You don’t have to delve too deeply into Twitter to find assorted idiots saying we can simply grow our own food to make up for any fruit and vegetable shortfalls that might happen – or are happening already – as a result of Brexit. Of course, there are plenty of hurdles stopping plenty of us from digging for Britain and embracing Tom-and-Barbara-Good-style self-sufficiency.
Plenty of crops – foods that we take for granted all year round – don’t grow so well here. There are sound reasons why Yorkshire pineapples or Aberdonian mangoes are not filling our supermarket shelves. We have become used to consumer choice and a lot of that has been down to EU membership allowing us affordable produce with low food miles.
Now, we’re seeing a lot of produce coming in from much further away, which means longer distances for the food to travel and shorter expiry dates. Yesterday, my local Co-op had a weird fruit selection – endless blueberries from Chile; giant, pallid, cheap strawberries from Egypt; more expensive but better-looking strawberries from Spain; raspberries from Morocco… Yep, we’re taking back control of Chilean blueberries rather than getting them from the much closer farms of Poland, Germany, France, the Netherlands and Spain!
But I digress.
Apart from the British climate not being conducive to growing all manner of foods, growing your own produce is just not an option for many people. Growing enough fruit and vegetables to feed a family – or even a one- or two-person household – requires space. The UK is a small country with a lot of people on it. Not everyone has access to a garden or an allotment.
Then there are the countless people who simply do not have the time, energy or inclination to plant a fascinating range of fruit and veg, especially at the moment. Any number of factors could be at play – staying employed, staying solvent, looking for work, mental health issues, paying the bills, working multiple jobs, trying to get by on Universal Credit, homeschooling challenges, not being in the privileged position of being able to work from home during a pandemic, realising there is absolutely nothing in Sunak’s latest budget to make life any easier…
I am privileged enough to live in a house with a garden that I could turn into a mini-farm, but I’ve got other stuff going on in my life so I’m not going to do that. Instead, I have gone for the far less ambitious but far more manageable option of a kitchen garden. Quite literally. I am growing herbs in my windowsill. I have mint, basil, parsley, coriander, thyme and sage. Apart from the sage, all the potted herbs came from the supermarket. Asda sells them for 50p. To my amazement, I haven’t killed them. I have been diligently watering them and they have not withered away through sheer lack of love – which once happened to a cactus I was given.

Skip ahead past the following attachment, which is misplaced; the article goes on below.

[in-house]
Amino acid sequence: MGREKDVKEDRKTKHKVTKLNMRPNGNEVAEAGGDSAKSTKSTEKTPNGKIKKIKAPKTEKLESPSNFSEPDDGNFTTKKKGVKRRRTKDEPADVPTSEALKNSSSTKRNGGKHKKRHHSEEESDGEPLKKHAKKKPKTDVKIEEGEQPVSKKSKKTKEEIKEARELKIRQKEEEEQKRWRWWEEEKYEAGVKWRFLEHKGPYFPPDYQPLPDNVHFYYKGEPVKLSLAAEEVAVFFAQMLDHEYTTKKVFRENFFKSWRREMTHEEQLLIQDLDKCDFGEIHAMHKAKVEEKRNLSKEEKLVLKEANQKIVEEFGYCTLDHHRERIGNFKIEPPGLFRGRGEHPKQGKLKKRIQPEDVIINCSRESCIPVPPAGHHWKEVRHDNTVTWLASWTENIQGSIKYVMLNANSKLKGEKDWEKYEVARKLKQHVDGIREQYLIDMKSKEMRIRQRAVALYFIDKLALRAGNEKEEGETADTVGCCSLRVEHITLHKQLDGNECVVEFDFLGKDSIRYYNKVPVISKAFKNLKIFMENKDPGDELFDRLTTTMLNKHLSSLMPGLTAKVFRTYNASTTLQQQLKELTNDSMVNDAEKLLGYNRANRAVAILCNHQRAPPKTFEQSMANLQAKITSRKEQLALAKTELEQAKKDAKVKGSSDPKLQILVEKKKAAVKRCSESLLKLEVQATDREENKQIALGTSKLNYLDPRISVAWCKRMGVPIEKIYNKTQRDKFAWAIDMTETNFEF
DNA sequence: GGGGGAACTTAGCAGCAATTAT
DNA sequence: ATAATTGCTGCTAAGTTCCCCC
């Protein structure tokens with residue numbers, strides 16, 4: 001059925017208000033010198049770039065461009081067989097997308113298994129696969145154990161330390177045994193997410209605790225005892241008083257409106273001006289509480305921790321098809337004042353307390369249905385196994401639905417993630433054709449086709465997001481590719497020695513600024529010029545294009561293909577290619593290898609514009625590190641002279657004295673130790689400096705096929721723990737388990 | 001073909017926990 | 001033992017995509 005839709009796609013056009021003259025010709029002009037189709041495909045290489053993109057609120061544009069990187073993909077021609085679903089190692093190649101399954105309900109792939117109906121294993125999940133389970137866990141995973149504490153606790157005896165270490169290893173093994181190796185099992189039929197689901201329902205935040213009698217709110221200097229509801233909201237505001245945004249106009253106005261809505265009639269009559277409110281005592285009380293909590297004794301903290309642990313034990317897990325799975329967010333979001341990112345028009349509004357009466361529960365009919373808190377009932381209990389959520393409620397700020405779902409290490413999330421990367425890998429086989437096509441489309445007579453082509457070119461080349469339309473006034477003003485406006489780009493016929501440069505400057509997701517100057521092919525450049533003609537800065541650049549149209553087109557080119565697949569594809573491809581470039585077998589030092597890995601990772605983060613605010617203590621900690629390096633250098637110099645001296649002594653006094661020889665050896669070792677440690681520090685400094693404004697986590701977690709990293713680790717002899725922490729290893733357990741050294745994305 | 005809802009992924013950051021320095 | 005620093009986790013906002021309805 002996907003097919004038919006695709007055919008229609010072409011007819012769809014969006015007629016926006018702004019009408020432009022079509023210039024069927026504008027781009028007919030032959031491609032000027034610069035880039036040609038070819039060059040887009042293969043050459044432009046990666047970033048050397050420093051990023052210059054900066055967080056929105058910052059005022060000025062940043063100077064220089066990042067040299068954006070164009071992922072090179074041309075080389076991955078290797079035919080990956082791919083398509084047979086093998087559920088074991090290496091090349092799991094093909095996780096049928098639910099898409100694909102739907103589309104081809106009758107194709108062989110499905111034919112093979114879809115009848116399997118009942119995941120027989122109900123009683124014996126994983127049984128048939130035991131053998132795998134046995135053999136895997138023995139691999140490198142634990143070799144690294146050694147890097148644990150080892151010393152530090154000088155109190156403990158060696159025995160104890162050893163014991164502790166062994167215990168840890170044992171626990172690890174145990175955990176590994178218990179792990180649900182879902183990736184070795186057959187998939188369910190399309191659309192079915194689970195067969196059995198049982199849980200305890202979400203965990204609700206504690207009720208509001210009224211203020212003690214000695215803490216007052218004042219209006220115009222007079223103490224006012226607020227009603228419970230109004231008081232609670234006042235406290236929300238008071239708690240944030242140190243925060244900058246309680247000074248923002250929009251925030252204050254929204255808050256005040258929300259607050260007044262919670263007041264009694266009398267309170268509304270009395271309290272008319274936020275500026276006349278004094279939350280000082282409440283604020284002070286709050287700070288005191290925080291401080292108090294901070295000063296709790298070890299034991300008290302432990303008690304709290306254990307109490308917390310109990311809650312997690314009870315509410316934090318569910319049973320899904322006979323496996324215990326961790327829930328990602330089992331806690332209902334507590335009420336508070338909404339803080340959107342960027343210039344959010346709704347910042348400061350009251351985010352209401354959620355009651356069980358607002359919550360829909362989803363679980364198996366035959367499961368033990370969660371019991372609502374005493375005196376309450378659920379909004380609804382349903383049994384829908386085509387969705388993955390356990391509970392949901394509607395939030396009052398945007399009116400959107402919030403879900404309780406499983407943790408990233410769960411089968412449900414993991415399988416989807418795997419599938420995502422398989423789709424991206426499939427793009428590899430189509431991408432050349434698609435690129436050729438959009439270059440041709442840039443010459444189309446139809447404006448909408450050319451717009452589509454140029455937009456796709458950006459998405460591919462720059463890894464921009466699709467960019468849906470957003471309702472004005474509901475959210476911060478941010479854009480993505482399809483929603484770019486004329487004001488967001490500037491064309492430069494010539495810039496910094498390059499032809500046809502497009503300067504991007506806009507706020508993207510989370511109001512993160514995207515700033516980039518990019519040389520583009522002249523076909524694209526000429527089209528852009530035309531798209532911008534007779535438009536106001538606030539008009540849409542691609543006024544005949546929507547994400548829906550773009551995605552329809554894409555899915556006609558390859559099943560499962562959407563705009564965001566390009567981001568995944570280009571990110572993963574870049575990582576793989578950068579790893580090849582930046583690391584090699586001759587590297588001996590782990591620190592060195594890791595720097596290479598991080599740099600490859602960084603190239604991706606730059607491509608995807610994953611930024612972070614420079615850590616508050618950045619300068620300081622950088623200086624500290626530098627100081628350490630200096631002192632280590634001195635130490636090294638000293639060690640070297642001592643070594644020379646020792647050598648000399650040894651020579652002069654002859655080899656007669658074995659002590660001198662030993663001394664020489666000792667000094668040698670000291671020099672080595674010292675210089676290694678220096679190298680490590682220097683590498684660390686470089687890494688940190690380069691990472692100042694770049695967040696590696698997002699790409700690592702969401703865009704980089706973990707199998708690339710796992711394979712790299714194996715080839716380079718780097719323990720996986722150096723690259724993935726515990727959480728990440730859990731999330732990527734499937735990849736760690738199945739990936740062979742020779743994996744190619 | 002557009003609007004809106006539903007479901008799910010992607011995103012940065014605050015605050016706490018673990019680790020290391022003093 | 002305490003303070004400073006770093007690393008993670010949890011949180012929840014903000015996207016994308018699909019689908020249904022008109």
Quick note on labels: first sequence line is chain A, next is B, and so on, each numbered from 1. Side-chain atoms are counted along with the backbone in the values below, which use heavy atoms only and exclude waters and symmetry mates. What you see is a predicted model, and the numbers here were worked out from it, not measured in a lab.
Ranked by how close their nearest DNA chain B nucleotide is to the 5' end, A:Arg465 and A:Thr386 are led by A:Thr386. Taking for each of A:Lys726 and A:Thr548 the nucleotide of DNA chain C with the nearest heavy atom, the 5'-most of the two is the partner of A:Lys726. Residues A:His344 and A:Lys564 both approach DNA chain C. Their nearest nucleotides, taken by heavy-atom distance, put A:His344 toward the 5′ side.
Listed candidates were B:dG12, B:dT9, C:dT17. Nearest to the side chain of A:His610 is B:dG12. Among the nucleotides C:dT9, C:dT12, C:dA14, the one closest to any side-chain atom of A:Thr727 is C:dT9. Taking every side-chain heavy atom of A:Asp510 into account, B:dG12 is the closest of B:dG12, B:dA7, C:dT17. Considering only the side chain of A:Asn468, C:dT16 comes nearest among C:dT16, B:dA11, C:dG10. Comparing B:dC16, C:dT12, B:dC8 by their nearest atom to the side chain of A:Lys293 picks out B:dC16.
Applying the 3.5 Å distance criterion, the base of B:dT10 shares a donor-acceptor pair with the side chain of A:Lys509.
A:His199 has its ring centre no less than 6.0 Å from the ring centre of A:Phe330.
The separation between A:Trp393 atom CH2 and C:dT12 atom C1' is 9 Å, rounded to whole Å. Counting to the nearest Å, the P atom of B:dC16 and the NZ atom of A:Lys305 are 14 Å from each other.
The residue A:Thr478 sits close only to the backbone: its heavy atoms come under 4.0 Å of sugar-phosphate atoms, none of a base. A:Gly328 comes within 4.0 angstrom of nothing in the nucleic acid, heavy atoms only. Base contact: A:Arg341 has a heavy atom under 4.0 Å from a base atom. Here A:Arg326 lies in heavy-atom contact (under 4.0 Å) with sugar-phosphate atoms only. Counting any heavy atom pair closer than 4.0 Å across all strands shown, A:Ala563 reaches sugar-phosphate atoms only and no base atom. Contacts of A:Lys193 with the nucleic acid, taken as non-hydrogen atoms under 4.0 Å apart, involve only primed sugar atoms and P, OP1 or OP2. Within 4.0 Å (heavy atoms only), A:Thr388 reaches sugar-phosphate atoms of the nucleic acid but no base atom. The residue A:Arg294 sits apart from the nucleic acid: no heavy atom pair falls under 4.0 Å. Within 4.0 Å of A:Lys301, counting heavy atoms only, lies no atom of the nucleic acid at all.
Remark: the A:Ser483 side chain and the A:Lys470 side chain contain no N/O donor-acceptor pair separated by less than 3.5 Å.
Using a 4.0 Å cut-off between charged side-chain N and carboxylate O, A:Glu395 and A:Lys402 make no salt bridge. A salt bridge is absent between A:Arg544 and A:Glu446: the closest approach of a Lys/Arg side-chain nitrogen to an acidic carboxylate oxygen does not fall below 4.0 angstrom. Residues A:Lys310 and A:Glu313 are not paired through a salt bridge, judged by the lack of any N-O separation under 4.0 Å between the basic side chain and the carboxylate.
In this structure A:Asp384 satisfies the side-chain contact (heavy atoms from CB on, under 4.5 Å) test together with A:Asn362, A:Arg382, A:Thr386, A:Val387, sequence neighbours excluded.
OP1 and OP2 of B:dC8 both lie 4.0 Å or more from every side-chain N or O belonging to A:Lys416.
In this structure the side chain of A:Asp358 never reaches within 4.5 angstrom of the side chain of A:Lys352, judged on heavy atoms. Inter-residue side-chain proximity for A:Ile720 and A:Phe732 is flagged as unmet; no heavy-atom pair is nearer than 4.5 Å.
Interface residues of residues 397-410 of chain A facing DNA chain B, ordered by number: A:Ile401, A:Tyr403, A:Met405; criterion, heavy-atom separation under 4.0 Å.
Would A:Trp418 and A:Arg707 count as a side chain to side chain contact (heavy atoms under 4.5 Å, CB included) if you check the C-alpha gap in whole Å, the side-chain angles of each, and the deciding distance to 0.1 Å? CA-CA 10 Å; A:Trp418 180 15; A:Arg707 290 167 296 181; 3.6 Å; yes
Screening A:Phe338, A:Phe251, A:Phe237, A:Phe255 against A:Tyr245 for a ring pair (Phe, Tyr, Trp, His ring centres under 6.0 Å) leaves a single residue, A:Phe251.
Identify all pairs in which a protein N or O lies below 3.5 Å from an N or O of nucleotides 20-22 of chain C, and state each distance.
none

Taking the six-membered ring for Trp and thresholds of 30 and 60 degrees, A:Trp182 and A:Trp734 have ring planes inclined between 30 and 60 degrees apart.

This little kitchen garden is keeping me pretty much self-sufficient in all these herbs. I can snip away some fresh mint to mix with yoghurt to accompany a curry, I can put fresh basil on a boring store-bought pizza, I can dry herbs quickly in the oven and store in jars where they last for ages.
Outside, I have a big old pot that belonged to my husband’s much-missed grandmother – this has a prolific bay plant and a mini-hedge of rosemary (again, 50p for each rosemary plant from Asda). I have made a few attempts over the years to grow tomatoes. In Before Times, there was one memorable summer of love apples in which I had a magnificent tomato crop. I went into chutney mass production, my pasta sauces came alive, there were some impressive salads. Sadly, last year’s tomato crop wasn’t as impressive – during last year’s heatwave, I came down with the shingles, I barely had the energy to get dressed for about a week, my husband was away, and my tomatoes were cremated. This year, I have used the same little plot to try some experimental leeks, carrots and garlic. Who knows how it will pan out this year?
But even if the fat pigeons nick all my leeks and the carrots are the size of cigarettes, I still have my bargain priced kitchen garden. For about £6.50, I have an ongoing supply of some of my favourite herbs, all growing merrily on a windowsill where they get plenty of sun – it’s like a little greenhouse. As a plant murderer from way back, I am unfeasibly proud they have lasted so long. But if you can’t be arsed with a kitchen garden, that’s fine too. Plenty of us have bigger fish to fry at the moment.